Sadie is a Politics and International Relations Student at The University of The West of England in Bristol and is President-Elect of UWE Liberal Democrats. She tweets at @sadietrent_92 Being one […]
Sadie is a Politics and International Relations Student at The University of The West of England in Bristol and is President-Elect of UWE Liberal Democrats. She tweets at @sadietrent_92
Being one of the most prominent campaigners and protesters will almost certainly put you on the radar of the Chinese government, and that is risky especially when one of you writes opinion pieces for The South China Morning Post, and China expects no pieces to be published against their government. The other is a student, convening the 2014 student protests, being included in The Times most influential teens of 2014 and nominated for The Nobel Peace Prize. Y.Ng is the opinion piece writer at The South China Morning Post, and has previously written books on the regime of Chinese influence in Hong Kong, and in this particular one, he tells Wong’s story, almost like a biographical account of what has been going on in Hong Kong.
A short Summary: A very well written and well documented piece by the opinion writer from The South China Morning post, which also includes sections from the former Conservative MP for Bath, whom upon losing his seat, became the final governor of Hong Kong, Chris Pattern, as well as contemporary Chinese artist Ai Weiwei. Pattern’s foreward tells how he believes that people such as Joshua Wong and Jason Y.Ng, as protesters are the answers to Hong Kong’s democracy problem, and that there needs to be more people like them challenging for seats in the legislative assembly to try and stop a power grab before the fifty year transition period on the joint Sino-British declaration is up in 2047.
The book starts nine months before Hong Kong is handed back to China, as that is when Joshua Wong was born. It jumps forward fourteen years to Wong as leader of the Umbrella movement and setting up his own political party. Wong’s arrests was delicately documented for the majority of the book, and the last chapters are dedicated to what he did on his release.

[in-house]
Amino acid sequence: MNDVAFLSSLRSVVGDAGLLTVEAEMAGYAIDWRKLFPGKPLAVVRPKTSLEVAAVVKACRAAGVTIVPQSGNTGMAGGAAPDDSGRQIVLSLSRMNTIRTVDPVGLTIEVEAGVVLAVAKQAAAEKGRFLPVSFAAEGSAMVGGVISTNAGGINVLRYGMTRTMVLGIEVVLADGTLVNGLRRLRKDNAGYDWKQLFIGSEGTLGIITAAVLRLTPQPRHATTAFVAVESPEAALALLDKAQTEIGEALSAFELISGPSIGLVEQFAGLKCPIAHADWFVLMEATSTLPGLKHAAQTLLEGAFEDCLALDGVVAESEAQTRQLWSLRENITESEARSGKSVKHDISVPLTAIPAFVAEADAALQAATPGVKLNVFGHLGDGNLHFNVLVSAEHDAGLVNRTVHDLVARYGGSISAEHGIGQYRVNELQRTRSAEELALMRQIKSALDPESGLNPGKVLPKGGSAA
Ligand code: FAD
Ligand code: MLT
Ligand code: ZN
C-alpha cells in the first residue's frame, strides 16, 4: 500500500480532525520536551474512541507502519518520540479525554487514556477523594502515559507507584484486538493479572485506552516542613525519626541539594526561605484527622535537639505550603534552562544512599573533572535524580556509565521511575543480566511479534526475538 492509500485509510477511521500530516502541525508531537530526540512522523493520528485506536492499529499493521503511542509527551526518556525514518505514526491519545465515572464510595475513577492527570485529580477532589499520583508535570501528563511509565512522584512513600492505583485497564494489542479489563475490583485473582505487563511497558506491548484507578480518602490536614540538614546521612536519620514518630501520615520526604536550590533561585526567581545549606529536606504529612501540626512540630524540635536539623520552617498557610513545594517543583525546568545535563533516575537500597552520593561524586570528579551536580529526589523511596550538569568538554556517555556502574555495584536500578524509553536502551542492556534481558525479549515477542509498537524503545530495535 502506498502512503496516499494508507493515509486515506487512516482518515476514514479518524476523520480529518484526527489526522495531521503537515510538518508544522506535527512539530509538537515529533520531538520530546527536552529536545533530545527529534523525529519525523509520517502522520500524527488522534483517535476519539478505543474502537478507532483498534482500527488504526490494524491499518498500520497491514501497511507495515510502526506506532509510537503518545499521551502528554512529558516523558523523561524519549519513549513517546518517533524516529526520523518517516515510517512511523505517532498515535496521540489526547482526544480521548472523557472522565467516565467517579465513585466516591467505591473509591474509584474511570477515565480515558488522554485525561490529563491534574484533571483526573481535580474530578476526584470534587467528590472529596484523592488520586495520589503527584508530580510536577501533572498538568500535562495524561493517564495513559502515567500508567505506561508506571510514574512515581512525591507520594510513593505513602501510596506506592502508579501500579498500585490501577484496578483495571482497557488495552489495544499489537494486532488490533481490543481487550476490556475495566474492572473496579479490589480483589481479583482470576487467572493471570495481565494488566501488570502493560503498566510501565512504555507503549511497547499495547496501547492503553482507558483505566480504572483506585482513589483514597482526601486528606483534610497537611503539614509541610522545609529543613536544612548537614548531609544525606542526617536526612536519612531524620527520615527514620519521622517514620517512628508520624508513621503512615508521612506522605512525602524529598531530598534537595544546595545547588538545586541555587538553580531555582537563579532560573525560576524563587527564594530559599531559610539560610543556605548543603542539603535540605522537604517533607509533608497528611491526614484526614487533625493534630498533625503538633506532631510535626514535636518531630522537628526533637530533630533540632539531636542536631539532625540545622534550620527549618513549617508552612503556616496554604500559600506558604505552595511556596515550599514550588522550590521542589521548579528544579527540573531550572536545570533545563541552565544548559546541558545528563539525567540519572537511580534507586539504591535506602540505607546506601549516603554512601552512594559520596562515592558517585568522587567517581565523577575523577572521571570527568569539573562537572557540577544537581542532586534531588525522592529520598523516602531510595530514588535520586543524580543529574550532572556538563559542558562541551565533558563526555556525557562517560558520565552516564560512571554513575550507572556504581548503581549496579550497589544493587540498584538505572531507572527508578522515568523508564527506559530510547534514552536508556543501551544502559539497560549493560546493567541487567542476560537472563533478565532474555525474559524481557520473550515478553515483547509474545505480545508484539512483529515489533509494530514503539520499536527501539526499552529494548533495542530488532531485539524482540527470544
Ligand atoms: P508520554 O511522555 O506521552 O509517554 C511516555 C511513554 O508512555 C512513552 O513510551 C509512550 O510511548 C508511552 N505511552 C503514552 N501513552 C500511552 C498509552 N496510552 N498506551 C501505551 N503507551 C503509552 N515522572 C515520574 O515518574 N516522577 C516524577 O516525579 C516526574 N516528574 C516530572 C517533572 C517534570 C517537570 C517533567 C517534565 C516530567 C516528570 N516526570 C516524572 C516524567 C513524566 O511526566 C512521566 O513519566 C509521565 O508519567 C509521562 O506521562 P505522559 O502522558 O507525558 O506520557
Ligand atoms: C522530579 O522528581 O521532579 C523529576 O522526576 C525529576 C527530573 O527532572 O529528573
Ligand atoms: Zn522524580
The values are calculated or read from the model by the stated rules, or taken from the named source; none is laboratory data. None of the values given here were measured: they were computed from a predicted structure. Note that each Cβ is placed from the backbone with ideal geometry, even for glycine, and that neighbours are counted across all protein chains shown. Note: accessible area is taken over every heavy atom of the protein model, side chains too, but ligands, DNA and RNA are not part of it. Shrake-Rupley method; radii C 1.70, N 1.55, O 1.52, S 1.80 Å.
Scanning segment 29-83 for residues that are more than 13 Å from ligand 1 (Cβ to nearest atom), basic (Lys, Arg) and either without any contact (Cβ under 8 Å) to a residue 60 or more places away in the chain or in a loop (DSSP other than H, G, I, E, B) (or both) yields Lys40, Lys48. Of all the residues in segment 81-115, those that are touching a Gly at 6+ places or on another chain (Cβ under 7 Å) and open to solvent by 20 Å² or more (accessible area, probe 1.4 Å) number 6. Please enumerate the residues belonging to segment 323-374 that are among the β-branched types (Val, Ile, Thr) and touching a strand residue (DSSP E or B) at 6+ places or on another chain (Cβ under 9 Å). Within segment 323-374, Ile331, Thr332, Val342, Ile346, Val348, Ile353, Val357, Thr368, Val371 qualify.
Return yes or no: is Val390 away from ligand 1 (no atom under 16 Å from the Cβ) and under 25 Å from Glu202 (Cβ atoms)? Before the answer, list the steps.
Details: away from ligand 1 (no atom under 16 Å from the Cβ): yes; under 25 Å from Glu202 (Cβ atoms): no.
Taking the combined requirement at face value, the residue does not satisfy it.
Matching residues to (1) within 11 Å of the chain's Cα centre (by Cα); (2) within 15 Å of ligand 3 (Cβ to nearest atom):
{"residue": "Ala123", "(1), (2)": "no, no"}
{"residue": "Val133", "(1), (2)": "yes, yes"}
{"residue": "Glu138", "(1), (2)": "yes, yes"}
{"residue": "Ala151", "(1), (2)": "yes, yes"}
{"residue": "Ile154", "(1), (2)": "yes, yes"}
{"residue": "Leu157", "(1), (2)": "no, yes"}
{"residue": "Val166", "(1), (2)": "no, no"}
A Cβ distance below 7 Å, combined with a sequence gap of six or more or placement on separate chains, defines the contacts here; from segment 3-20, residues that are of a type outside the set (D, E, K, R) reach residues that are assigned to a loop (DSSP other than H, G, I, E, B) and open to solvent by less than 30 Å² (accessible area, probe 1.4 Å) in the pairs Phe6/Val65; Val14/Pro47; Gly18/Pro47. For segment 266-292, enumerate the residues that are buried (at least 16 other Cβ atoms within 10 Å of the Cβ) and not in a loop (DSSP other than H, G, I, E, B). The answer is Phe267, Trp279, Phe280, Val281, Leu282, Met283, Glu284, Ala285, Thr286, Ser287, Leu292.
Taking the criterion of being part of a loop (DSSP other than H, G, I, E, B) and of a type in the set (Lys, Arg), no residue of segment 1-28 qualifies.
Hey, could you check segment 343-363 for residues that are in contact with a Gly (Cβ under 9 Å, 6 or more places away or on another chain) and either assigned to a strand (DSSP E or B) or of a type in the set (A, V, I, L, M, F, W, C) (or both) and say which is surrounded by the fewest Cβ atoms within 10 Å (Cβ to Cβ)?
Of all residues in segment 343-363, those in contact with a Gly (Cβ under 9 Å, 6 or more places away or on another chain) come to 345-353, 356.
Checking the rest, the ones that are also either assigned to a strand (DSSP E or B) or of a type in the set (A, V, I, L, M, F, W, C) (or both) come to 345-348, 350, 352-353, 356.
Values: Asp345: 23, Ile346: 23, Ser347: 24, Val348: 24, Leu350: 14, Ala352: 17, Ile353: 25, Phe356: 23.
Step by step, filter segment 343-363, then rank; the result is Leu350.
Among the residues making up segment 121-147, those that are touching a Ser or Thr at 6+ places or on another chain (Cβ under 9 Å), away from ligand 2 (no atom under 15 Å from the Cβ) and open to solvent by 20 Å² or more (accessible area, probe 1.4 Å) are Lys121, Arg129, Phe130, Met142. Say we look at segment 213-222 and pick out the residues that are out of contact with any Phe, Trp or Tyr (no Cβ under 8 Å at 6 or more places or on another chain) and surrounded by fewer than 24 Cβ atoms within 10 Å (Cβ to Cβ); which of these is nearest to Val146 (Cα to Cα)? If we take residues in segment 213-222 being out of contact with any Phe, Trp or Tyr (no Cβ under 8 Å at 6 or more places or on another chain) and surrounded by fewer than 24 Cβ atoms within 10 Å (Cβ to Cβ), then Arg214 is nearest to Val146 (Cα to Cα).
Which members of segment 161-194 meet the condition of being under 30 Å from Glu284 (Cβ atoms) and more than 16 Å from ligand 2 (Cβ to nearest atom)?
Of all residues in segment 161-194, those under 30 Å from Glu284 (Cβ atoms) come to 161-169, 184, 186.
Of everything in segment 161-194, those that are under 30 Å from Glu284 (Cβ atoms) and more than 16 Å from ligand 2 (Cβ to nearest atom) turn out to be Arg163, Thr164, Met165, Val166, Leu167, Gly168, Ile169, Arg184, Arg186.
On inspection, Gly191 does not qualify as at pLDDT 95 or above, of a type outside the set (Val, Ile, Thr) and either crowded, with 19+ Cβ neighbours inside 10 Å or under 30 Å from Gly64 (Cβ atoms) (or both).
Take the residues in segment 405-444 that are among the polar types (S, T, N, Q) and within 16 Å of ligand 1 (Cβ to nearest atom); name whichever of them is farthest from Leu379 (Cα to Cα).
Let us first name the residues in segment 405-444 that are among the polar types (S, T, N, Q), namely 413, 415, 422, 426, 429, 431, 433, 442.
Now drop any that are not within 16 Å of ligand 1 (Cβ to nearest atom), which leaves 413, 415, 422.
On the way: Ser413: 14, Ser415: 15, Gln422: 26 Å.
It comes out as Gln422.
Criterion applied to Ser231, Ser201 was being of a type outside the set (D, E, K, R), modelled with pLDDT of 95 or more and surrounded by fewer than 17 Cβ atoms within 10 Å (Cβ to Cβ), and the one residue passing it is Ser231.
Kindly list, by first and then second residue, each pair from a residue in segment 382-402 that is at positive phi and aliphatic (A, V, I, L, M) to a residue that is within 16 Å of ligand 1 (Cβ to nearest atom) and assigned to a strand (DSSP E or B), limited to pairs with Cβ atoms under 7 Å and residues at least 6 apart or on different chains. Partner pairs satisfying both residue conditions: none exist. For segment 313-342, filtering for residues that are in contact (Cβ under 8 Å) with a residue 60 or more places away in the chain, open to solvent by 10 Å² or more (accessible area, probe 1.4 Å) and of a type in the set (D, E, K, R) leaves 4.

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Jason Y.Ng has done an excellent job of analysing Joshua Wong’s time as a campaigner for Hong Hong’s sovereignty and with no end in sight, there will certainly be plenty more to write about. The standout sections of this book are Wong’s prison diaries, completed after his sentence for political protest. No details were left out as it was transferred over to this book and it was harrowing to see what life inside a Chinese controlled prison was like for a defender of Hong Kong democracy. The tightening grip of Chinese power soon dawned on Wong upon his release from detention.
Wong critically, and rightly points out, that Hong King and China have not always been at diplomatic odds with one another. He observed that relations started to deteriorate after the 2008 Olympic games in Beijing when the citizens of Hong Kong would make daily crossings into China for highly sought-after objects such as duty free, and it is since President Xi Jinping took office in 2012, that people like Wong, began to lose their sense of belonging from their homeland.
A great biographic look at how Wong has developed from a student protester into one the main legislators that both Hong Kong and mainland China fear. Jason Y.Ng has used his journalistic background at The South China Morning post to do an excellent job of portraying Wong’s story in his quest for freedom of speech and democracy.